Consider the early Christian pogroms with the cult of Peter and the cult of Paul slaughtering the adherents to the cults of Thomas, Mary Magdalene, Judas, Gnosticism, etc. etc. Consider that it took 100 man centuries of labor to build one of the majestic medieval cathedrals the Catholic Church erected all over Christendom, a building nobody ever lived in. Consider the cost in lives and treasure of the Crusades, the Inquisition, witch trials. Look at the fractious relationship, even to this day, of Sunni versus Shia Muslims. How about the cost of building and maintaining all the world’s Mosques and paying a legion of Islamic clerics and Grand Muftis to devote their lives to nothing other than their religion. Religion is costly stuff, yet from Paleolithic times forward, in tens of thousands of competing sets of beliefs and required rituals, humans have faithfully subscribed to some belief system that would supposedly let them transcend death.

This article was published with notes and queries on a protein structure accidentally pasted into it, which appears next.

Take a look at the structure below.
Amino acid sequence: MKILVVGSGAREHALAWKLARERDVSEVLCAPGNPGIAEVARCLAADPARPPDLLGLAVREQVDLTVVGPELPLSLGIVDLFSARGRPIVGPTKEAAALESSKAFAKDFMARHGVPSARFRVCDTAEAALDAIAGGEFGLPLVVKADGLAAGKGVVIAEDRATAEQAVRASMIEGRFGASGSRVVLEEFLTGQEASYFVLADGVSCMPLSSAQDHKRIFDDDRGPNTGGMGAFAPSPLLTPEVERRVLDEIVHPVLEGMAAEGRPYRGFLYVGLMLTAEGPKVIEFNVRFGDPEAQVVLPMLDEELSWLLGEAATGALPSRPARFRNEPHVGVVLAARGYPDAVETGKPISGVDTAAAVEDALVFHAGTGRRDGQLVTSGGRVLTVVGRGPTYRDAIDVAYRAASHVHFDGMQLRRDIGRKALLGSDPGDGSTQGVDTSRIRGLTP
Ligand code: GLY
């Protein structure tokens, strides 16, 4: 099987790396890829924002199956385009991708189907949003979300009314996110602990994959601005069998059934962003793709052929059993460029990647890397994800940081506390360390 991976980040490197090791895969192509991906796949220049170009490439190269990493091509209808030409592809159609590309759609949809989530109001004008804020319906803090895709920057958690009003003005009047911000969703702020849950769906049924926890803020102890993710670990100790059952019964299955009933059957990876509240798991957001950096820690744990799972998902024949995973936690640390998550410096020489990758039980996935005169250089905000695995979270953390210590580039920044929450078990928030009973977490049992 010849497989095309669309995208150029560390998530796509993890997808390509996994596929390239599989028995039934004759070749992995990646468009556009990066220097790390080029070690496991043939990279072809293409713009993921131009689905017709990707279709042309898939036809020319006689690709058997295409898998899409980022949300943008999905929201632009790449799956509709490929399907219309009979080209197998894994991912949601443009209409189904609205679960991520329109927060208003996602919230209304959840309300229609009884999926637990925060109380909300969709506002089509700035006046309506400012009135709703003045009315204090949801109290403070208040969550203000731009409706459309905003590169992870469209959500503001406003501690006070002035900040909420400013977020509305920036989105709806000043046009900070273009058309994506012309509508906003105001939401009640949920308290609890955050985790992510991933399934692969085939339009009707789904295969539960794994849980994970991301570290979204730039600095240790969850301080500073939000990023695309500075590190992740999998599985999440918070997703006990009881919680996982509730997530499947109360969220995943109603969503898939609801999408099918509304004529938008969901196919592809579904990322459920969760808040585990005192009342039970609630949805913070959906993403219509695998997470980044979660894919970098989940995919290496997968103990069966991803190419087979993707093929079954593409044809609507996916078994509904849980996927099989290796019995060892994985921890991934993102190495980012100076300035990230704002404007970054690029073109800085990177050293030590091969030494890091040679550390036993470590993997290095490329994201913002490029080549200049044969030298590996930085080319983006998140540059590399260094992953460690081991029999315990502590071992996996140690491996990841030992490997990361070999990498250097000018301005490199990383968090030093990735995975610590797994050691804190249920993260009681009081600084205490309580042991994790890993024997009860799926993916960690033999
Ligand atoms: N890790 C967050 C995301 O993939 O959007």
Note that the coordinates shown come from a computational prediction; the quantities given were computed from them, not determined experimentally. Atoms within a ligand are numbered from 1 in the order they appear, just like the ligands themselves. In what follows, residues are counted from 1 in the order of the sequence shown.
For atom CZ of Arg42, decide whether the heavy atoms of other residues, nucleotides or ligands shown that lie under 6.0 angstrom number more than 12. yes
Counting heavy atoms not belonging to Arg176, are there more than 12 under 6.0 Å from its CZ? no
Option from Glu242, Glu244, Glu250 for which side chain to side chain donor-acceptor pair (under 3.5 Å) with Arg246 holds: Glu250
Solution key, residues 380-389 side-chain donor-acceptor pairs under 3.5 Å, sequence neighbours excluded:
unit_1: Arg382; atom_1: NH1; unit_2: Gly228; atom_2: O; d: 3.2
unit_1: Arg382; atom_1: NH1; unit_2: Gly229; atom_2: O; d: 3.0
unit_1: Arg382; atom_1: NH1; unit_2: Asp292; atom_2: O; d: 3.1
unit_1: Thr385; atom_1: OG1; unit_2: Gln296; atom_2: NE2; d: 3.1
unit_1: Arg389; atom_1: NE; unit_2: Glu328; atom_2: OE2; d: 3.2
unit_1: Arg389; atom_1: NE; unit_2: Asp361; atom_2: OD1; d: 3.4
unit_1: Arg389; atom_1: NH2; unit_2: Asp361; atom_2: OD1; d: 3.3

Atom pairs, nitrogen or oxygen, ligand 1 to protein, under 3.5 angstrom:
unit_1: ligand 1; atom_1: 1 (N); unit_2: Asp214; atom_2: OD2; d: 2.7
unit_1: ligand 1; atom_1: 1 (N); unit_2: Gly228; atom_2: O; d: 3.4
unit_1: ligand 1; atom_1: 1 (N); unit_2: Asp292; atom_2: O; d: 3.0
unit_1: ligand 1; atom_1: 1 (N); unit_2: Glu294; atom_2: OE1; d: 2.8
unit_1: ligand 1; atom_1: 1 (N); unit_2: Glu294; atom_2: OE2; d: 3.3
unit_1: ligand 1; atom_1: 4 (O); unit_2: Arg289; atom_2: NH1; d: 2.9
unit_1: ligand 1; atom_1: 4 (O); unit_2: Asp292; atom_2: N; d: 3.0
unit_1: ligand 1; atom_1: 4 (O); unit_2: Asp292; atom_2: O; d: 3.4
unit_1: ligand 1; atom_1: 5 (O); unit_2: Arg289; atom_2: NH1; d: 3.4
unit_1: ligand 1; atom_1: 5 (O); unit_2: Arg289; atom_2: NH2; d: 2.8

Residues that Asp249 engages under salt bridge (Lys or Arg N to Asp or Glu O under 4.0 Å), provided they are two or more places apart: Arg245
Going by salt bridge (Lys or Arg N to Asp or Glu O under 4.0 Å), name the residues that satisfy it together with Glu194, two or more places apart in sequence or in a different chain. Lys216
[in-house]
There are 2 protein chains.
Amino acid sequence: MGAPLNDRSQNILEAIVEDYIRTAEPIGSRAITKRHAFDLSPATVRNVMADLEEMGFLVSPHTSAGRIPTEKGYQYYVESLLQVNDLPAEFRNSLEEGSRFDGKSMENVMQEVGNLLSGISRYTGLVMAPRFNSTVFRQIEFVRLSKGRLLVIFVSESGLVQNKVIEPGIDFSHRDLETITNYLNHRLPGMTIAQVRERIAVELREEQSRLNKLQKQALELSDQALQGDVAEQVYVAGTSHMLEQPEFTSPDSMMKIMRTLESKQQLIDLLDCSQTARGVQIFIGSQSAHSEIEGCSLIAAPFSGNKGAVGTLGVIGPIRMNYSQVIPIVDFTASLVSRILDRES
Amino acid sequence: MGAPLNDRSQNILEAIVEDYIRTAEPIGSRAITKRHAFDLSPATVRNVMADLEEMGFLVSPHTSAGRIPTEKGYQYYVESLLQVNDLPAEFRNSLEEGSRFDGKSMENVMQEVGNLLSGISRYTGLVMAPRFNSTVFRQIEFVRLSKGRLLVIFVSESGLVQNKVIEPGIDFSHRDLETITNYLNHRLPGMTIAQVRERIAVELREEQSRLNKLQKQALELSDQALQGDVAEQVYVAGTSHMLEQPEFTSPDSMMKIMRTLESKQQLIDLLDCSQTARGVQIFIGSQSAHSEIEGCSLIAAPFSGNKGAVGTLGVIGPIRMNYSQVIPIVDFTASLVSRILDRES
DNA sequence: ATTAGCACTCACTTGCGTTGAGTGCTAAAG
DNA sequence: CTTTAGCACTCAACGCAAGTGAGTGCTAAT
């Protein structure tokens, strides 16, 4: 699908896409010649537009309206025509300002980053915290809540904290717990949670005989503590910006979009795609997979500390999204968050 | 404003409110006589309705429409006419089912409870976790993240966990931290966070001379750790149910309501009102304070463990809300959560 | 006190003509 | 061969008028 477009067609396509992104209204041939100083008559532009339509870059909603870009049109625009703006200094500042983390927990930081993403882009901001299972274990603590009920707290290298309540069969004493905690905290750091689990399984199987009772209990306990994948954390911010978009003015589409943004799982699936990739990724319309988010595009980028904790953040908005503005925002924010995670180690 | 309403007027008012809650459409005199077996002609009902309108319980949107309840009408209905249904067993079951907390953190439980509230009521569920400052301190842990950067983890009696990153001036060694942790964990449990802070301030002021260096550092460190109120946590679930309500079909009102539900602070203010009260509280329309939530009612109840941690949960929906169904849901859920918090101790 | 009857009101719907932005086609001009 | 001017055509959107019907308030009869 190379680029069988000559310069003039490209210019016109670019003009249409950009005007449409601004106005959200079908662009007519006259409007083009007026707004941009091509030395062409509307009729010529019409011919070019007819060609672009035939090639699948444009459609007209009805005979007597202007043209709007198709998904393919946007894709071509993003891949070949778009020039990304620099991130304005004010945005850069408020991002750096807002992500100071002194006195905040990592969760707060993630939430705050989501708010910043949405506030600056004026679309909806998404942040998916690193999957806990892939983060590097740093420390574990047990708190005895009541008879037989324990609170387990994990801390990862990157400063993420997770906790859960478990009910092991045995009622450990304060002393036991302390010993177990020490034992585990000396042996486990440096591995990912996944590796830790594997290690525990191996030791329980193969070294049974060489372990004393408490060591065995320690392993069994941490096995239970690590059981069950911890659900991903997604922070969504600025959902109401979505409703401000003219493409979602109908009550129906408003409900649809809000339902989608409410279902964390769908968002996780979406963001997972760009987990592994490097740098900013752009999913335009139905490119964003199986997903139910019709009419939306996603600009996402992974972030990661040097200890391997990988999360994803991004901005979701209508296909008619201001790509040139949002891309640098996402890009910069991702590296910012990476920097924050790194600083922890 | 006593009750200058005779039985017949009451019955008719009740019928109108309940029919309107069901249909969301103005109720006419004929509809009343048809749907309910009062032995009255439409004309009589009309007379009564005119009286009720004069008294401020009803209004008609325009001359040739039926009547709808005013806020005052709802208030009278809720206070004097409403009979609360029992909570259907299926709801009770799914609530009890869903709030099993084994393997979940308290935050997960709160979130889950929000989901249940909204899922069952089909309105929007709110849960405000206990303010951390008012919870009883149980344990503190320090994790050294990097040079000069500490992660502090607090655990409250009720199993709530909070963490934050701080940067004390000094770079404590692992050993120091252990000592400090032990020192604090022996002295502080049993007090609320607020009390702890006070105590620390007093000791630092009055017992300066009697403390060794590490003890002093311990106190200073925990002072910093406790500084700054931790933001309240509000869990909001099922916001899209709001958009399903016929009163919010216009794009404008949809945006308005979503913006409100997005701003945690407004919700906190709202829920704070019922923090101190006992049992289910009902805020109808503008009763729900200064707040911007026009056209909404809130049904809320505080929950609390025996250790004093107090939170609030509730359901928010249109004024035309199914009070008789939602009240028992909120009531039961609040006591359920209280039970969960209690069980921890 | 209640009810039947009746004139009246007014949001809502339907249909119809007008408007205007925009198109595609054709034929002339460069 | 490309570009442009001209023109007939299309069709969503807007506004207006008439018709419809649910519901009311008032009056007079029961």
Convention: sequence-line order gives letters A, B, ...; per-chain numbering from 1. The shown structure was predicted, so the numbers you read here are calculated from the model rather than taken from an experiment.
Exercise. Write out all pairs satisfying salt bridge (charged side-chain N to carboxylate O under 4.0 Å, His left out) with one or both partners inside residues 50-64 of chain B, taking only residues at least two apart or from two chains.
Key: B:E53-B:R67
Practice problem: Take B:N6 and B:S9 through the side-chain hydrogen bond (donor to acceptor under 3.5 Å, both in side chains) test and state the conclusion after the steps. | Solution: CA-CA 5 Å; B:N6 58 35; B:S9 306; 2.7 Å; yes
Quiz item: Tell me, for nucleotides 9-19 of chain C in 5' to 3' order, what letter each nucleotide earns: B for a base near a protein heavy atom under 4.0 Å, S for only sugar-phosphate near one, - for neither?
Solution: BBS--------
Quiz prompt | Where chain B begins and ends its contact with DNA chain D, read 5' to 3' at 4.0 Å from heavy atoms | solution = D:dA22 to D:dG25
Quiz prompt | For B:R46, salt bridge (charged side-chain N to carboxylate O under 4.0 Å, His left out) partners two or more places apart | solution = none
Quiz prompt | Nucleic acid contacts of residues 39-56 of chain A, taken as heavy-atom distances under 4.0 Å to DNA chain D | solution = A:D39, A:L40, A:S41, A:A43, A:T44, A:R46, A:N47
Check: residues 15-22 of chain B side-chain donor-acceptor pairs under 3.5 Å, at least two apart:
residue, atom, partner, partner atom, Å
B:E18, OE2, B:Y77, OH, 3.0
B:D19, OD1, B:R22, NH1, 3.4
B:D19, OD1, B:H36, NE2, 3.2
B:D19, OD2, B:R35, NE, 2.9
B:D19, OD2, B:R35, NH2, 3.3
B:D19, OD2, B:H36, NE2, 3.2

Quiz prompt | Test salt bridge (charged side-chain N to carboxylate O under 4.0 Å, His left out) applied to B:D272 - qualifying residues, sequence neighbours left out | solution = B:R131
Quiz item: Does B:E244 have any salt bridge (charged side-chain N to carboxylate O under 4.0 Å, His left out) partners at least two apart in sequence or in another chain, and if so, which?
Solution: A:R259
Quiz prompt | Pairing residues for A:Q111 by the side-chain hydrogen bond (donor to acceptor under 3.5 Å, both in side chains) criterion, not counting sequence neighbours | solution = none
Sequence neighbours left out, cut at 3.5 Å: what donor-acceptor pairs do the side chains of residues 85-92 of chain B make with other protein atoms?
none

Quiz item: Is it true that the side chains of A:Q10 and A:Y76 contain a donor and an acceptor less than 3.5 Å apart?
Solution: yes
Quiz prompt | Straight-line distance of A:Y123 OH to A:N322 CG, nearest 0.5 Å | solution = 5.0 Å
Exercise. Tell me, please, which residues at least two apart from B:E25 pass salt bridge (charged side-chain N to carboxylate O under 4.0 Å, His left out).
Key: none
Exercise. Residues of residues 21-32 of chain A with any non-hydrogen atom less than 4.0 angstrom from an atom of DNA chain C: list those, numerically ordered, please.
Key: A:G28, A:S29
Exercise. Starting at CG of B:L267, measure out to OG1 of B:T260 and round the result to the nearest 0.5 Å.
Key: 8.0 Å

Again, to avoid this becoming a “My Religion’s right” referendum, bear in mind that there have been about 110 billion humans on Earth since the dawn of modern man and no matter what religion you subscribe to, most of humanity did not subscribe to it. So even if your religion does pay off handsomely, most humans were wasting time and energy that could have been applied toward survival by making the religious choices they did. Why did evolution tolerate such waste? What is the survival benefit? I ask this in hopes that this is a theological question we can discuss without acrimony.

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13 Answers

Seek's avatar